Finished watching The Quest with my daughter today. Interesting premise, and I think it worked better than I thought it would when I first heard about it.
You don't want to go in thinking you are going to see an epic fantasy story you have never seen before, or even something with clever twists, from a narrative standpoint. The purpose was to do a Survivor-lite series with Lord of the Rings sets and makeup to appear to the folks that like that sort of thing. Personally, I thought it was kind of fun.
It did put me in mind of the gamer lessons to be learned from the show.
1. Having important things for the PCs to do that aren't always combat.
There were a lot of challenges that amounted to preparing for war, training, and building defenses, that if done right, could be fun to do and don't involve direct combat.
That said, I think in some cases, it would be very important to come up with desirable outcomes and let the PCs figure out how to achieve them would be important, to avoid some of the worst variations of WOTC's 4th edition skill challenge missteps.
That said, I love a good in-game tournament.
2. Dealing with monsters way above your normal abilities without fighting them.
There are a couple of challenges where the contestants had to keep monsters from getting out. Giving PCs information on the only place monsters could attack from, at least for a while, and letting them figure out how to seal up or collapse a cavern, for example, seems like a much more satisfying way of letting them take on something outside of their abilities than giving them the "Thing of Slaying" that gives them an excuse to be more powerful than they should be.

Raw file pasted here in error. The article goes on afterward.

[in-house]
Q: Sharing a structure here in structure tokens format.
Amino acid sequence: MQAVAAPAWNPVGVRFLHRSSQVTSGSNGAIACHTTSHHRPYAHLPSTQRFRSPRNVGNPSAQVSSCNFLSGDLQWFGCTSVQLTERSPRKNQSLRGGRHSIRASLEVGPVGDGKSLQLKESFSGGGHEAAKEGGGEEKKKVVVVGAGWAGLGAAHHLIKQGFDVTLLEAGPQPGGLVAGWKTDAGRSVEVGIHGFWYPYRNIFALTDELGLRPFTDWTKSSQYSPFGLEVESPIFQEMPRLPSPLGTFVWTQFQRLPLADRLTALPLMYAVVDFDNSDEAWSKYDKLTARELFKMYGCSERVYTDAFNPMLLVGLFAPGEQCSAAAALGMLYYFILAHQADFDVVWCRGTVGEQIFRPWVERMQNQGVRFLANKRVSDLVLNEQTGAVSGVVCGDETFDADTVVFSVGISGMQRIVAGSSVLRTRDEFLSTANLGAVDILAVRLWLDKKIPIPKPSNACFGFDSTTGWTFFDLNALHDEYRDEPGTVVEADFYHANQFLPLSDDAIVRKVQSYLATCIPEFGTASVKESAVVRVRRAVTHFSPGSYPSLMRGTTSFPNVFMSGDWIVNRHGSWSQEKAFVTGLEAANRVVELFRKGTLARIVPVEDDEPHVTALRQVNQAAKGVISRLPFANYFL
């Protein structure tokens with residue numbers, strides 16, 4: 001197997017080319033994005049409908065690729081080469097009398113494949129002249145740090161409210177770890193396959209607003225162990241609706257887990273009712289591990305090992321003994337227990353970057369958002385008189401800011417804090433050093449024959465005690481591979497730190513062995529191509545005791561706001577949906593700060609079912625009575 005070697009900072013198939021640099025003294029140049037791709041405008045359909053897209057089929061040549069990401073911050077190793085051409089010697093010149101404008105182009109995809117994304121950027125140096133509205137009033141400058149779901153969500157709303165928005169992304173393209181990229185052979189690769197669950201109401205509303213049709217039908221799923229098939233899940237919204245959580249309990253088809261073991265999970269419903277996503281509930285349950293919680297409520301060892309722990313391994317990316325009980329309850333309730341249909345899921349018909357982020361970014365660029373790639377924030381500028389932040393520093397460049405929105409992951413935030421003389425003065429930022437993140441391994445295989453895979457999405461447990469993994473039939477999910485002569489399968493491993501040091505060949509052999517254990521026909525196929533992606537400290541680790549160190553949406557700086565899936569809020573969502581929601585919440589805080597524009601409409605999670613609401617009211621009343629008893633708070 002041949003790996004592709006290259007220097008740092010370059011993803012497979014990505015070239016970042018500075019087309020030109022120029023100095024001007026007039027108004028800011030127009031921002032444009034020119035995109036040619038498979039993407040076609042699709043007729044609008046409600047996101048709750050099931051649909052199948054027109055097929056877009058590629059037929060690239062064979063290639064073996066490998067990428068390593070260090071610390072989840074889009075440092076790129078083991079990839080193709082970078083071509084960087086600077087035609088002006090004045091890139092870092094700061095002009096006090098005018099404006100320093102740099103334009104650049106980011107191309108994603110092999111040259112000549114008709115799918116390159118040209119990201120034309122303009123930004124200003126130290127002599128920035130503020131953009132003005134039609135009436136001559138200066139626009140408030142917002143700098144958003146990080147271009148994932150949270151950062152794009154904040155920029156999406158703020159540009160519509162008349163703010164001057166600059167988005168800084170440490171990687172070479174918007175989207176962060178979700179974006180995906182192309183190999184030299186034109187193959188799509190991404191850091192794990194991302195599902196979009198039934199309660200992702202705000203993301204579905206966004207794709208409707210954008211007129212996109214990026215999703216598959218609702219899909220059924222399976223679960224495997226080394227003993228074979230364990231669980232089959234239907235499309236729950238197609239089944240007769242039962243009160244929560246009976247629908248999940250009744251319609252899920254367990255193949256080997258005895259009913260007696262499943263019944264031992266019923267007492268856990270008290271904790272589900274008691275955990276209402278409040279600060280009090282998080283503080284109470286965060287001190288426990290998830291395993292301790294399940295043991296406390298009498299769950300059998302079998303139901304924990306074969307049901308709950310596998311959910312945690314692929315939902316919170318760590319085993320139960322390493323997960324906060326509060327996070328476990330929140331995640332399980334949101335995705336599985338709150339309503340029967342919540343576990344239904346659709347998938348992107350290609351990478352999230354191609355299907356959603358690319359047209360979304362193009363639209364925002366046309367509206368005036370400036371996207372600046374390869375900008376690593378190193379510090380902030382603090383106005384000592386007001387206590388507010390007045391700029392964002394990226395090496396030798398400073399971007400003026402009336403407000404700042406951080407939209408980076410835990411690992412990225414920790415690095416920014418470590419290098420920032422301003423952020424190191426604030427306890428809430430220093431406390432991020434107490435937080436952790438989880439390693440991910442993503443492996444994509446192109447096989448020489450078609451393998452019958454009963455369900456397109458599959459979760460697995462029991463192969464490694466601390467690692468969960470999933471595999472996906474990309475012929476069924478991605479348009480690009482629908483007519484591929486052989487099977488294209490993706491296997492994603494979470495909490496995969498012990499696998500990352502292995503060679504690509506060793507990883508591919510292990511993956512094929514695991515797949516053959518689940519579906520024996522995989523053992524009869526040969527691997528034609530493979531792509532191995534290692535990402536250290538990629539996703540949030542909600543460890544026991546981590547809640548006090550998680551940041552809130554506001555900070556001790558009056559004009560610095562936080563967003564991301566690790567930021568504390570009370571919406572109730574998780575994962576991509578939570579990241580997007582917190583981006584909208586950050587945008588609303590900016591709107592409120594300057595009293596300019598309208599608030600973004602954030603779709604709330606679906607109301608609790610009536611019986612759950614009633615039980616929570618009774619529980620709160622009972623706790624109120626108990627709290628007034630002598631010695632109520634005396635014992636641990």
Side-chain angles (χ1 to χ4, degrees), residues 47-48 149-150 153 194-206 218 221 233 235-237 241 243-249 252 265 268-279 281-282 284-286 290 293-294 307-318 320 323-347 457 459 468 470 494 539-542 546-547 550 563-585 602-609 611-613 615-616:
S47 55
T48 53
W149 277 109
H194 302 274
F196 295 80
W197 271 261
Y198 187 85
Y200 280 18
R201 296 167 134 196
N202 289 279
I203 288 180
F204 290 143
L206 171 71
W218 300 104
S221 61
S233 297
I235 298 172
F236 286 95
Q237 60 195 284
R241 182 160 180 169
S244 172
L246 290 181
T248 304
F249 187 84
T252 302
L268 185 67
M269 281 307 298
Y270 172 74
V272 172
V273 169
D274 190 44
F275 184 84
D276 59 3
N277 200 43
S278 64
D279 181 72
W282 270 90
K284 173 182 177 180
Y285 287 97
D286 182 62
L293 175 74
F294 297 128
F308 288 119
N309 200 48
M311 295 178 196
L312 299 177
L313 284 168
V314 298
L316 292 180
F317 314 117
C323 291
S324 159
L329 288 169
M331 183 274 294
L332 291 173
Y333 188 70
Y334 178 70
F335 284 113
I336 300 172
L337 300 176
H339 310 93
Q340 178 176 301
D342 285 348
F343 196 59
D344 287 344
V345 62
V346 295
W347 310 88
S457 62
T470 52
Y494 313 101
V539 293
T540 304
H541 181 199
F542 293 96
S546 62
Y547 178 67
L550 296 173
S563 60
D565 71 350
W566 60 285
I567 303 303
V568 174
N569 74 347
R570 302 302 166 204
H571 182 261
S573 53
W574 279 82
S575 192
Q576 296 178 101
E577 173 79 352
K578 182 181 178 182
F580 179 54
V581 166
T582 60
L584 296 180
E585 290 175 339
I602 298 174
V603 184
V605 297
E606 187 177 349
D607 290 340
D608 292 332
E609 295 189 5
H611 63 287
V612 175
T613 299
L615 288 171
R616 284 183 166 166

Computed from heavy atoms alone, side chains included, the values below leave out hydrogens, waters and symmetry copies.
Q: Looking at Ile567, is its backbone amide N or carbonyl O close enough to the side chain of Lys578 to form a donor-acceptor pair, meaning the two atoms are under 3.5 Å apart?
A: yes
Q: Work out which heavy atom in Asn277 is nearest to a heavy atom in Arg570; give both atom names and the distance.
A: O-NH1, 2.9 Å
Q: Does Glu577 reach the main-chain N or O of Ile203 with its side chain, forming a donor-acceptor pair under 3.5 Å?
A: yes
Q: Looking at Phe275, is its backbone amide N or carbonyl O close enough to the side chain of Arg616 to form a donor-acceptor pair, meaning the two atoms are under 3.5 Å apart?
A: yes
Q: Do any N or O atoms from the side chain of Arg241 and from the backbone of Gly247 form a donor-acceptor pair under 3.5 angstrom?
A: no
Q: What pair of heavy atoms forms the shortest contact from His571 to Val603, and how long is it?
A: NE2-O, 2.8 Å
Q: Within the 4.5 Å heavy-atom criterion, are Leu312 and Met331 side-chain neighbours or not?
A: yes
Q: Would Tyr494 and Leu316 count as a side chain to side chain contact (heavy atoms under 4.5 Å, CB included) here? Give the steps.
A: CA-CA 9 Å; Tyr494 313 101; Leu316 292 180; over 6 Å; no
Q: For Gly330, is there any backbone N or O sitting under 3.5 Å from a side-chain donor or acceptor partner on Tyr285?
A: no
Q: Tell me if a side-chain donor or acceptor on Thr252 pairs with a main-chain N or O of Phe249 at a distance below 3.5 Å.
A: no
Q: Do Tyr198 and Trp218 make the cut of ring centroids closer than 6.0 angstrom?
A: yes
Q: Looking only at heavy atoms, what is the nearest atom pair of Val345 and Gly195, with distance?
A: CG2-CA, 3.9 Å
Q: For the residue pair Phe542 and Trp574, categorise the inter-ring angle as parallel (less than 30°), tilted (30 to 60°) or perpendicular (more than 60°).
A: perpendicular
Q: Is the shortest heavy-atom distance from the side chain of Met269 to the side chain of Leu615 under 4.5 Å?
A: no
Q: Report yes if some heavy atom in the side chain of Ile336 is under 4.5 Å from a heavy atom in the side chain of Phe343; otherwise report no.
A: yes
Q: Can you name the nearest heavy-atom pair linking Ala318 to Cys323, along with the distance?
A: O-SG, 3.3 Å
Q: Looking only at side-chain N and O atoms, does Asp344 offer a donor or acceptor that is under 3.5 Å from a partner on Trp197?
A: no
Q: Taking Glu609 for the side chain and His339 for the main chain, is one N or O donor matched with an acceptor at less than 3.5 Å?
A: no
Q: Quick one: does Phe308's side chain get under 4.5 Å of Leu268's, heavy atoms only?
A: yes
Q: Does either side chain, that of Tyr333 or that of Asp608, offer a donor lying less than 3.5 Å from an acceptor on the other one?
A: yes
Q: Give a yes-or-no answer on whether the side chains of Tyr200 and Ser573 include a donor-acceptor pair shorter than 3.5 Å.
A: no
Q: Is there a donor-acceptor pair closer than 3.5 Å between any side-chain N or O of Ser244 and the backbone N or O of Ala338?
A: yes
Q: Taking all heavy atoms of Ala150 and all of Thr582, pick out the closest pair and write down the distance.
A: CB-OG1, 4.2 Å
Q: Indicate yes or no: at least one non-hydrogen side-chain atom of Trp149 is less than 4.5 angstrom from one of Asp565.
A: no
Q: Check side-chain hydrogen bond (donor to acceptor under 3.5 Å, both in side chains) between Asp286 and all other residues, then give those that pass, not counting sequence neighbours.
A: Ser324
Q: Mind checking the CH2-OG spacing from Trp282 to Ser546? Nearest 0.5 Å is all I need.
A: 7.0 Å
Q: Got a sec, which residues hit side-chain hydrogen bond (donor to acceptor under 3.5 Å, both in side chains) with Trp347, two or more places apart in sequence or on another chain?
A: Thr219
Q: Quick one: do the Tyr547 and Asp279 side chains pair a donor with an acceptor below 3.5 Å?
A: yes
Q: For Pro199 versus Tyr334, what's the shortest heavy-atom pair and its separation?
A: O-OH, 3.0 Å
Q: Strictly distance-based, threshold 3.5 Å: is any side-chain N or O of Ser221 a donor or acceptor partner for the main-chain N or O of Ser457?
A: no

Additionally, it keeps them scared of the monster. If they don't seal it up or delay it, they don't have much of a chance to survive it. Giving them enough information to help them outsmart the monster, but also enough to let them know how boned they would be if they tried to stick it with the pointy end would be key.
It also seems like this is a better option to introducing them to the threat of a dragon than, for example, the scenario in Hoard of the Dragon Queen, that gives you conditions for a dragon that should own them running off if they do X in combat.
3. Fallen Heroes in Avalon or Somesuch.
I really kind of like the idea that your fallen companions end up waiting in some version of Avalon, and if the last person standing ends up being "the one," all of your buddies come back and join your army again for the final fight.
Not sure how to pull this off in game, and still have a sense of risk, or so as to avoid handing someone that "lost" a character their old character on top of a presumed new character. Perhaps just some kind of bonus (such as constant Advantage in 5e) that represents them charging in beside you to help.